Draft
Round
-

New chapter to begin in Montreal

CFL.ca

CFL.ca Staff

MONTREAL — For the first time since 2008, the Montreal Alouettes will be looking for a new head coach following the departure of Marc Trestman who has accepted a position with the Chicago Bears of the NFL.

Related: Trestman Era Over

For the first time since 2008, the Alouettes will be looking for a new head coach following the departure of Marc Trestman who has accepted a position with the Chicago Bears. Here’s the latest on his departure and what it means for the Als.

Headlines:
»
Who takes over in Montreal?
» Calvillo ready for new Alouettes era
» Trestman has great memories
Video:

» Moffat: What’s next for the Alouettes?
» Calvillo Reacts to Trestman News

Trestman joined the Alouettes in ’08 and immediately made his mark, leading the club to a Grey Cup berth in his first season as head coach.  Montreal would fall to Calgary that year but Trestman would guide them to two consecutive championship seasons in 2009 and 2010.

In his tenure with the Als, Trestman steered the team to a 59-31 record and first place finishes in four of the five years he coached Montreal.

Trestman began his coaching career in 1981 with the University of Miami while attending law school there. In 1983, after passing the Florida Bar exam, he was named the Hurricanes’ quarterbacks coach and Miami won the National Championship that year, defeating the Nebraska Cornhuskers 31-30 in an Orange Bowl.

“My family and I are delighted for Coach Trestman, his lovely wife Cindy, and their two daughters upon his appointment as the head coach of the Chicago Bears,” said Alouettes Owner Bob Wetenhall. He has recently visited with me about going back to the National Football League where he spent 17 years and I was delighted to let him do that after 5 years of service to the Alouettes. His contributions to our franchise, our community and the CFL have extended far beyond his very successful coaching record.”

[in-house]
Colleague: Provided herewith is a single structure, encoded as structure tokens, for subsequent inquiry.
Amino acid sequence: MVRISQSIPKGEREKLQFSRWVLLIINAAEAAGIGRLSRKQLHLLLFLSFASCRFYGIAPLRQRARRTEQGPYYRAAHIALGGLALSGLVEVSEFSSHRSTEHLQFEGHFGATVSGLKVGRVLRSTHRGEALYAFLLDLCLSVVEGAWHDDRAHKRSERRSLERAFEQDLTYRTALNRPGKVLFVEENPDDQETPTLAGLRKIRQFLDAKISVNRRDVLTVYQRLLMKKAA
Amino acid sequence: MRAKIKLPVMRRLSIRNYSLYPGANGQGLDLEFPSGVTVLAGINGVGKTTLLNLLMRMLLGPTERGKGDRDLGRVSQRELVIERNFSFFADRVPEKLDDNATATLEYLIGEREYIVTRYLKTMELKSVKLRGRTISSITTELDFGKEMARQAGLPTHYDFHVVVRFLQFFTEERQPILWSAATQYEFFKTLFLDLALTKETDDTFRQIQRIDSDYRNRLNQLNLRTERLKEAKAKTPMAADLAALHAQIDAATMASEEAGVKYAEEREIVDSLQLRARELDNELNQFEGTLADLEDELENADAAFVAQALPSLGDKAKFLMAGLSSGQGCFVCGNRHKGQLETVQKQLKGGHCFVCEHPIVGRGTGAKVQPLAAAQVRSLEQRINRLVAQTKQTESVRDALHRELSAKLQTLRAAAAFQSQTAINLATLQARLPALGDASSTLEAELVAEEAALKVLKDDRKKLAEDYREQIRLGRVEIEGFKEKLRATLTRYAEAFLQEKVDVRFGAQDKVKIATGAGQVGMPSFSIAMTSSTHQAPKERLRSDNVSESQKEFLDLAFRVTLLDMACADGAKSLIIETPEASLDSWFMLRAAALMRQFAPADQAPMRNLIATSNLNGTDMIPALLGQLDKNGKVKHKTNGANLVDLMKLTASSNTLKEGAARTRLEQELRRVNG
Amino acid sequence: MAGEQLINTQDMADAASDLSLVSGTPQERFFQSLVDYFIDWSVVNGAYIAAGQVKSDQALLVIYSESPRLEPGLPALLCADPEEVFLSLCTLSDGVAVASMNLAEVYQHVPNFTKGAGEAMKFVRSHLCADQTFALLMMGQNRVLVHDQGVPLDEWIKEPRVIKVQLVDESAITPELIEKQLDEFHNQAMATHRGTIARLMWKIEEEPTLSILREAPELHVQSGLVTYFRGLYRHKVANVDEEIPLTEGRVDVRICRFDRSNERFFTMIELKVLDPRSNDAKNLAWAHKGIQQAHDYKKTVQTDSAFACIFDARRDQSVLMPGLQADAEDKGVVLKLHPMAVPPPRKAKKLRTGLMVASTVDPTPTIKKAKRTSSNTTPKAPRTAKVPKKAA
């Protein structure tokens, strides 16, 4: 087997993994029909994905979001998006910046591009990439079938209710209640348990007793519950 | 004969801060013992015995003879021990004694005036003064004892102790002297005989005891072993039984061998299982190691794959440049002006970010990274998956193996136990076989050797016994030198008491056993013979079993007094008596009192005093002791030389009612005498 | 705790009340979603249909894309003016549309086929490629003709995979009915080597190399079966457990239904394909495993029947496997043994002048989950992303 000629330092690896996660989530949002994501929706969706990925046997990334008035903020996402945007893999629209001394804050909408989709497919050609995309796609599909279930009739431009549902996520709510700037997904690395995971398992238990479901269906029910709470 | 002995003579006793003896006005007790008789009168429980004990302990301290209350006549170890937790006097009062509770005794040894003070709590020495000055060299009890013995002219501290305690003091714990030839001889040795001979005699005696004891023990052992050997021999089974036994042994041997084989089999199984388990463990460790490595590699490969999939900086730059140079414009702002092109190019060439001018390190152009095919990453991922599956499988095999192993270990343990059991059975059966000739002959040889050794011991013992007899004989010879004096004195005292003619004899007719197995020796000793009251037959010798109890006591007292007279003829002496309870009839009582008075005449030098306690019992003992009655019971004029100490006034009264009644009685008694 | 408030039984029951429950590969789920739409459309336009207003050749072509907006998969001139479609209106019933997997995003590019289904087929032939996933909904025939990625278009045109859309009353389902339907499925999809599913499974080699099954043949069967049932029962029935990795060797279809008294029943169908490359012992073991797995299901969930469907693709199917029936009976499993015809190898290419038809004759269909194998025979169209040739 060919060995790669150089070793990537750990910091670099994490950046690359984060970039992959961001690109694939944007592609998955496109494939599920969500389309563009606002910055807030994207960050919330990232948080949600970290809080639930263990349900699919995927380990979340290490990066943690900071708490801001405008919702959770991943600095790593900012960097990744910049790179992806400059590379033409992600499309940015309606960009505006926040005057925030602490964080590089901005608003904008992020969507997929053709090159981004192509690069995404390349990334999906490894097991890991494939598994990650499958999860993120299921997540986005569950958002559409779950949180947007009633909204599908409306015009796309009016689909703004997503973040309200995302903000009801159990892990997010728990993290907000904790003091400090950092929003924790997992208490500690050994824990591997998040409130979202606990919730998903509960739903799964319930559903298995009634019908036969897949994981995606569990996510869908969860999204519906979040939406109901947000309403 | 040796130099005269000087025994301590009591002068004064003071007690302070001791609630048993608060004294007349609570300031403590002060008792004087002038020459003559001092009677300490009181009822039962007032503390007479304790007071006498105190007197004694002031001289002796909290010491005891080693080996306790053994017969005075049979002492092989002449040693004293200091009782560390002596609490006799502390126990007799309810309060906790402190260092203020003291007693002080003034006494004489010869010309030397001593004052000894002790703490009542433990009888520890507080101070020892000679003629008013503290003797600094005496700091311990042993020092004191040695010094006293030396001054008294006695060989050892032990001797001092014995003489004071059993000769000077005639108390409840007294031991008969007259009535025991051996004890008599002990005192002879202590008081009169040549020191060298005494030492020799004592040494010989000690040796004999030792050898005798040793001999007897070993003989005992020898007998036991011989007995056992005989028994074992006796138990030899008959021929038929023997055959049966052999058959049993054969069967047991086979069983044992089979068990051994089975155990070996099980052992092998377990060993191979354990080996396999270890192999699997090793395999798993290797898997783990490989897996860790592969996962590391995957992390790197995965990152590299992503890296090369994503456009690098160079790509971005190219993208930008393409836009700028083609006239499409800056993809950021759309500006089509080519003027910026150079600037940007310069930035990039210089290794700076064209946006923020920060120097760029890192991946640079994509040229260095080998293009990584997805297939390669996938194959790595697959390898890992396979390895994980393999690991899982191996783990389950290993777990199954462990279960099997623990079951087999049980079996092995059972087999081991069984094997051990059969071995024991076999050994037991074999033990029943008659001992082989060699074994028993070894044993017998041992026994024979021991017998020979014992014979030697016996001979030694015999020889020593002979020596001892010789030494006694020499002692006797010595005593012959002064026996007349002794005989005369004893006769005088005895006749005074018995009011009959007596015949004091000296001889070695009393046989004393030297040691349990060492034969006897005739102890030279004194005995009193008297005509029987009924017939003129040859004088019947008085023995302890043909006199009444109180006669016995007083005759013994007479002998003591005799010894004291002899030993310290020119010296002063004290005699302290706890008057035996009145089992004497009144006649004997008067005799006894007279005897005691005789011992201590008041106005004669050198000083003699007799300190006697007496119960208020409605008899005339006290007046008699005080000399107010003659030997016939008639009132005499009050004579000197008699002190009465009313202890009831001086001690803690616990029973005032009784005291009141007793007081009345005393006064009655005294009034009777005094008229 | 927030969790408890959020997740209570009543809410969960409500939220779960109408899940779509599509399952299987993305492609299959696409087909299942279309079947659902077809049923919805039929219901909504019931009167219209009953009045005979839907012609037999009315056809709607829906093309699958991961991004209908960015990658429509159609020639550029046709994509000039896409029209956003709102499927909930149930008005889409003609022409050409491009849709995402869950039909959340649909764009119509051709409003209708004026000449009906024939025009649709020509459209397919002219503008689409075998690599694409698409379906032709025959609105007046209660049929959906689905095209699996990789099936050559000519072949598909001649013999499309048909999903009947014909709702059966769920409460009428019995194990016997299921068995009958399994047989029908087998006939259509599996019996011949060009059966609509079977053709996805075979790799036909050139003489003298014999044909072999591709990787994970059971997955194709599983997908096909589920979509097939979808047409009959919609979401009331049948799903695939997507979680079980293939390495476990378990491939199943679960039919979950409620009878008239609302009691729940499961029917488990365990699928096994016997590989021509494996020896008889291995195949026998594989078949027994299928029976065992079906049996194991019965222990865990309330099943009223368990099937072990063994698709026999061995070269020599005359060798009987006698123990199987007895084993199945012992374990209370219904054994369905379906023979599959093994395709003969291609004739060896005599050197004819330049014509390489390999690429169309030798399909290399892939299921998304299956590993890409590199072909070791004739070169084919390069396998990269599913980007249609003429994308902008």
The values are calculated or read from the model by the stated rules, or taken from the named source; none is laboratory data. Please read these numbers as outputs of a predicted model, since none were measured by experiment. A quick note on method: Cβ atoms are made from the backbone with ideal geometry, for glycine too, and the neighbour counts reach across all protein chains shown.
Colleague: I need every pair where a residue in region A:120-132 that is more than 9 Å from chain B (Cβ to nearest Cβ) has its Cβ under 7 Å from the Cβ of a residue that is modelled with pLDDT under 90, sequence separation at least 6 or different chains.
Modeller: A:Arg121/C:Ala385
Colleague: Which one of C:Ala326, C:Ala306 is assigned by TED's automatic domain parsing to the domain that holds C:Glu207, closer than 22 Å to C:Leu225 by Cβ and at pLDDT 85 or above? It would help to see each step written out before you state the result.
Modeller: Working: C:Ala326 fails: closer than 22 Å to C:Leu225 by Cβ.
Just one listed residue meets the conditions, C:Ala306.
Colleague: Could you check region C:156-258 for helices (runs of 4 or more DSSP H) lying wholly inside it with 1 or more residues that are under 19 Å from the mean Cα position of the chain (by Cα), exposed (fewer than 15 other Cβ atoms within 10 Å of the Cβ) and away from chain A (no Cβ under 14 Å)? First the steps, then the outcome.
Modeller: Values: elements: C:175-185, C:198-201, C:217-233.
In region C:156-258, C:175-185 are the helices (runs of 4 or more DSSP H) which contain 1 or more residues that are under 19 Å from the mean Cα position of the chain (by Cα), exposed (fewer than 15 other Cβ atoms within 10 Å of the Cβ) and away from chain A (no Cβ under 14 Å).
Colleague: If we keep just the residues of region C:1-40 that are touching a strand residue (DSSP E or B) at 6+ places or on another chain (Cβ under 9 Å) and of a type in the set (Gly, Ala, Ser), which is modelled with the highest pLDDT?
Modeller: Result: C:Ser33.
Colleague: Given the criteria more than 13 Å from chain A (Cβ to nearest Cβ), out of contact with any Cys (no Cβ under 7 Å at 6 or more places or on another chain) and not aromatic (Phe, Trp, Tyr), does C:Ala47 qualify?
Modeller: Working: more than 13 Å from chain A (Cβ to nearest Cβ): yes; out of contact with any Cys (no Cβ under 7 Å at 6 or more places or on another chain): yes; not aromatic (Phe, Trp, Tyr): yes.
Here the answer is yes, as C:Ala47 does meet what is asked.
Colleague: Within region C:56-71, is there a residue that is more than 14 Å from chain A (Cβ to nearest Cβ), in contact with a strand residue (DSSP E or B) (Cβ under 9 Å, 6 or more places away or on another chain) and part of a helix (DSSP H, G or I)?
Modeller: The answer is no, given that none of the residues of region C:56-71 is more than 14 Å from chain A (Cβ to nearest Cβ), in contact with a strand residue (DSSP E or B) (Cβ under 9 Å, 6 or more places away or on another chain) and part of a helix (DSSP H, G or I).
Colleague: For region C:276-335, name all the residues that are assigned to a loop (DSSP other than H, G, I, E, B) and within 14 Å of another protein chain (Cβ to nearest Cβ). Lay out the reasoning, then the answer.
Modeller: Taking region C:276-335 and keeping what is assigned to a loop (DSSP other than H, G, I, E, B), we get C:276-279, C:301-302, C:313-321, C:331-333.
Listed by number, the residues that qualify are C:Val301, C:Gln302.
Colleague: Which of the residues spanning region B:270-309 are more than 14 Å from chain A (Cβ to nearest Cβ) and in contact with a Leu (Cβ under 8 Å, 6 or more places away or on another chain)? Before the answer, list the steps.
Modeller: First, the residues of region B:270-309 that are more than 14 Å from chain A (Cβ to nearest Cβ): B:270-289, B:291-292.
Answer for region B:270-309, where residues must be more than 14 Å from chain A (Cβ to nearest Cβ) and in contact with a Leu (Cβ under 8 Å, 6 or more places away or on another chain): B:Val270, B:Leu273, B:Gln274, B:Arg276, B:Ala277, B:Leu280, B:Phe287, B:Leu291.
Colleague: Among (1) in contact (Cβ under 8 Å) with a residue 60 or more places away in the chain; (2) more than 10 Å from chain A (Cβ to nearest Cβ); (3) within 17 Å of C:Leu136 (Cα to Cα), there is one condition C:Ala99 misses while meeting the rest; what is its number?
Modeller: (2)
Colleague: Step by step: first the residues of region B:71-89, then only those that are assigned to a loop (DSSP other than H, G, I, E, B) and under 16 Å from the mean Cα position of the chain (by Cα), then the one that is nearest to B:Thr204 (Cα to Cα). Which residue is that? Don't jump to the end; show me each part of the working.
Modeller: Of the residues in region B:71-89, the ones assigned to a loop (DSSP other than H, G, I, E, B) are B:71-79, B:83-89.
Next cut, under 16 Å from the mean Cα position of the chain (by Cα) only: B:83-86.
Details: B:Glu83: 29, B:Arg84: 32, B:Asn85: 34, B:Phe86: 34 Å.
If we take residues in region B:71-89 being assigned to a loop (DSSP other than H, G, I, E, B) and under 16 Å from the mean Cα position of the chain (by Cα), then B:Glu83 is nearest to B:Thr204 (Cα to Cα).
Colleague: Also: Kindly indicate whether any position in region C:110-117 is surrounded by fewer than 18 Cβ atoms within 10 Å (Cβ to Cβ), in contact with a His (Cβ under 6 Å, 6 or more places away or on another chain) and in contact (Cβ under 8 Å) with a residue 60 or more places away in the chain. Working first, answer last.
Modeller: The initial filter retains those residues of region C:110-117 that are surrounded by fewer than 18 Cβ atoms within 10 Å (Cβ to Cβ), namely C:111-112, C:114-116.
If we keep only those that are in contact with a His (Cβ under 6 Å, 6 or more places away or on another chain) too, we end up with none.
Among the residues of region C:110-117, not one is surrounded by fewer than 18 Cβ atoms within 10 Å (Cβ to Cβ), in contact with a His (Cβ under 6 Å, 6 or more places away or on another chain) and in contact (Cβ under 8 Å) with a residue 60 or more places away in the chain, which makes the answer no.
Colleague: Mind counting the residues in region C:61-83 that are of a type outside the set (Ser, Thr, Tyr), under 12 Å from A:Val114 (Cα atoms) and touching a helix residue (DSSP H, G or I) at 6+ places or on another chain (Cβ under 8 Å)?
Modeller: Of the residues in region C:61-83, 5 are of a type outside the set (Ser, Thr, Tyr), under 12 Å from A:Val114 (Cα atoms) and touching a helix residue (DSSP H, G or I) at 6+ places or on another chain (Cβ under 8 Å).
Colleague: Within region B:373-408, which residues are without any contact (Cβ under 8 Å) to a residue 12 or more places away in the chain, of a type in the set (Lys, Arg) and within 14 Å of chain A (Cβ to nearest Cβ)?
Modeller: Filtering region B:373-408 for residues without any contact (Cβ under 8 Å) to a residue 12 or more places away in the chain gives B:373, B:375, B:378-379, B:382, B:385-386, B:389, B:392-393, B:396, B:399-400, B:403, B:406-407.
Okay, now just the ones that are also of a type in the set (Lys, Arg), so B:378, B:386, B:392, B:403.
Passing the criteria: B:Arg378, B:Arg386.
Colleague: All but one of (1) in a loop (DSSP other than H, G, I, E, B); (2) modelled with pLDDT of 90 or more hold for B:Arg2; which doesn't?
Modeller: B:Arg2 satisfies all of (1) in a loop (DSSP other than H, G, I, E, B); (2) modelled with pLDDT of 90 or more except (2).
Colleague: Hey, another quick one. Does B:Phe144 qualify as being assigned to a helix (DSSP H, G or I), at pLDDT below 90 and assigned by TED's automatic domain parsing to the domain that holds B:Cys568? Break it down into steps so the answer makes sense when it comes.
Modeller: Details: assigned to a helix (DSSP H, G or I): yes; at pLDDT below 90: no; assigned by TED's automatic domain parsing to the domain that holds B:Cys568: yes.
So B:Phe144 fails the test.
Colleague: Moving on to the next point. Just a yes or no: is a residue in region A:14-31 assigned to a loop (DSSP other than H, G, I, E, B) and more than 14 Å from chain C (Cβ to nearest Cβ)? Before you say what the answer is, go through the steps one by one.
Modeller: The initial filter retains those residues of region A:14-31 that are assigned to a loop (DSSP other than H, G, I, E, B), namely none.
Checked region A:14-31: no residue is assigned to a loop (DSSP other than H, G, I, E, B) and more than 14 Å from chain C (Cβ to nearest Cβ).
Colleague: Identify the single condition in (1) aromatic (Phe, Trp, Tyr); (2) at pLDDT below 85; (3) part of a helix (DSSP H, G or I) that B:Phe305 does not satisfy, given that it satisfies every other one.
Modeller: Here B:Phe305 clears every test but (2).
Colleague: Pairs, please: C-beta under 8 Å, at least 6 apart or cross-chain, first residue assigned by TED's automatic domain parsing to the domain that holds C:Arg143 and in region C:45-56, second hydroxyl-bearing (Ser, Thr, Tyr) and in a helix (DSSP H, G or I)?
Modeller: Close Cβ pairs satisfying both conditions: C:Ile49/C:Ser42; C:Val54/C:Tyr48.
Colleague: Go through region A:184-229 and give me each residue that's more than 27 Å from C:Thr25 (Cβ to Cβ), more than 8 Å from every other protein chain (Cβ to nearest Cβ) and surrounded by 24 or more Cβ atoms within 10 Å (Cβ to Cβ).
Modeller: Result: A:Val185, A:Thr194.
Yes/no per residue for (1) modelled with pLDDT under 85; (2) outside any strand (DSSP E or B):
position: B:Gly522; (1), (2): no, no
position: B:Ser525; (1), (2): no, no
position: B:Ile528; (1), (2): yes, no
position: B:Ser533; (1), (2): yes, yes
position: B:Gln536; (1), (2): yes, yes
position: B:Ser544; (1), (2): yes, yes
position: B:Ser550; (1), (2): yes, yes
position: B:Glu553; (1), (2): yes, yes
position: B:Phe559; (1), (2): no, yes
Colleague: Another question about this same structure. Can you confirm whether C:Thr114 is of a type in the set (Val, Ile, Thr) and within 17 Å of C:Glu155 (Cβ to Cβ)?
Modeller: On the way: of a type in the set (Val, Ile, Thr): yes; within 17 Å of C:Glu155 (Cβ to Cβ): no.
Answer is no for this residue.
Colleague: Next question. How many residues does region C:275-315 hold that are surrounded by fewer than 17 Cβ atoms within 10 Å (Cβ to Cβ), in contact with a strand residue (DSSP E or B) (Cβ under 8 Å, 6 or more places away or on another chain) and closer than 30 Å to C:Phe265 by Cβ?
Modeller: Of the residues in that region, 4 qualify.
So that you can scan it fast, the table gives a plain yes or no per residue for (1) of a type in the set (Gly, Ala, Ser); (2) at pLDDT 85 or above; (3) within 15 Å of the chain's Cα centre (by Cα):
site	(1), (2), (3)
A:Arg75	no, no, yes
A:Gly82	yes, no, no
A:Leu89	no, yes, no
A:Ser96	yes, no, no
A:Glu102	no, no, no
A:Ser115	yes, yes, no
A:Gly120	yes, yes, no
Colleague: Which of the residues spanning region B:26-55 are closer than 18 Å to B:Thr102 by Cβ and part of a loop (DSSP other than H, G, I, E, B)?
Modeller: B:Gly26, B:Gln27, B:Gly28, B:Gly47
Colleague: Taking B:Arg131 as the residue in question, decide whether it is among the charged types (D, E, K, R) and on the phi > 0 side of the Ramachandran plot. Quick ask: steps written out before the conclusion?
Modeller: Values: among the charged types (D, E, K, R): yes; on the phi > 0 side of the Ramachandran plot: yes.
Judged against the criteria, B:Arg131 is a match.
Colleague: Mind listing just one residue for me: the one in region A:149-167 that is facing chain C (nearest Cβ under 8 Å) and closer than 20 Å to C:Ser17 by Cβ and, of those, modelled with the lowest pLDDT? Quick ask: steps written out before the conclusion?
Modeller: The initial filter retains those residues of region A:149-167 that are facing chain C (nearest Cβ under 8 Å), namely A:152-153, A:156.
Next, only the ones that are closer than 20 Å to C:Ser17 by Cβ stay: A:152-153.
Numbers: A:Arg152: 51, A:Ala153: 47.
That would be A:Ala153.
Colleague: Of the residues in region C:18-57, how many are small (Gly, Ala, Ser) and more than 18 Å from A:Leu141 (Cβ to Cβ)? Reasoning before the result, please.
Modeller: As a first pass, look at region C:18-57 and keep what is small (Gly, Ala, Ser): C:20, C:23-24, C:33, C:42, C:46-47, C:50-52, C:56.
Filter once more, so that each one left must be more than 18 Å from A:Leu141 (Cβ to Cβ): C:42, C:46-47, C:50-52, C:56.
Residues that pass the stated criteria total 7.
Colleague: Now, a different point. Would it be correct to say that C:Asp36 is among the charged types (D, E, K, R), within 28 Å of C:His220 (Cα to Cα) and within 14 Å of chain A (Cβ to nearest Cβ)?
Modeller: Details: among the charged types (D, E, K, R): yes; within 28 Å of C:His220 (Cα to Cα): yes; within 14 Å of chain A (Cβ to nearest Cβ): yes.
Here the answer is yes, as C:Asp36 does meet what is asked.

Prior to Trestman’s hiring, legendary coach Don Matthews patrolled the sidelines before leaving the team for personal reasons in the middle of the 2006 season.  Current VP, GM & Director of Football Operations and Player Personnel Jim Popp took over for Matthews and coached the club through the end of the 2007 season before appointing Trestman to the post.

“When we recruited him over five years ago, he expressed to me then that along with fulfilling his coaching obligations, he also wanted to have a positive influence on the players in their personal lives which he has done so well,” continued Wetenhall. “Our franchise will miss him, as will I, as we’ve become very good friends. We wish him and his family all good things in the future. I will be announcing the appointment of our new head coach in the weeks ahead.”

Alouettes General Manager Jim Popp also wished Trestman the best of luck saying, “I am very happy for Marc, Cindy, Sarahanne, and Chloe today. This has been a life long dream that has come true. All Montreal and CFL fans should also be happy for Marc. No question, we have a huge challenge to find our next coach to follow the footsteps of Marc, but we have had success in the past and we will meet the challenge head on and find a new head coach who can continue setting the high standards that we expect in Montreal.”

In 1985, legendary NFL head coach Bud Grant came out of retirement and hired Trestman to his first job in the National Football League with the Minnesota Vikings. Four years later, Trestman was named the offensive coordinator of the Cleveland Browns, reuniting him with Kosar.

In 1995, he was hired by George Seifert as the San Francisco 49ers’ offensive coordinator and quarterbacks coach. In Trestman’s first season with the then-defending Super Bowl champions, the 49ers ranked first in the NFL with 457 points for, 644 pass attempts and 4,779 passing yards. They also ranked second with 391.1 total yards per game, while legendary receiver Jerry Rice set an NFL record with 1,848 yards on 122 catches, scoring 15 touchdowns along the way. Hall of Fame quarterback Steve Young made the Pro Bowl after throwing for 3,200 yards and 20 touchdowns.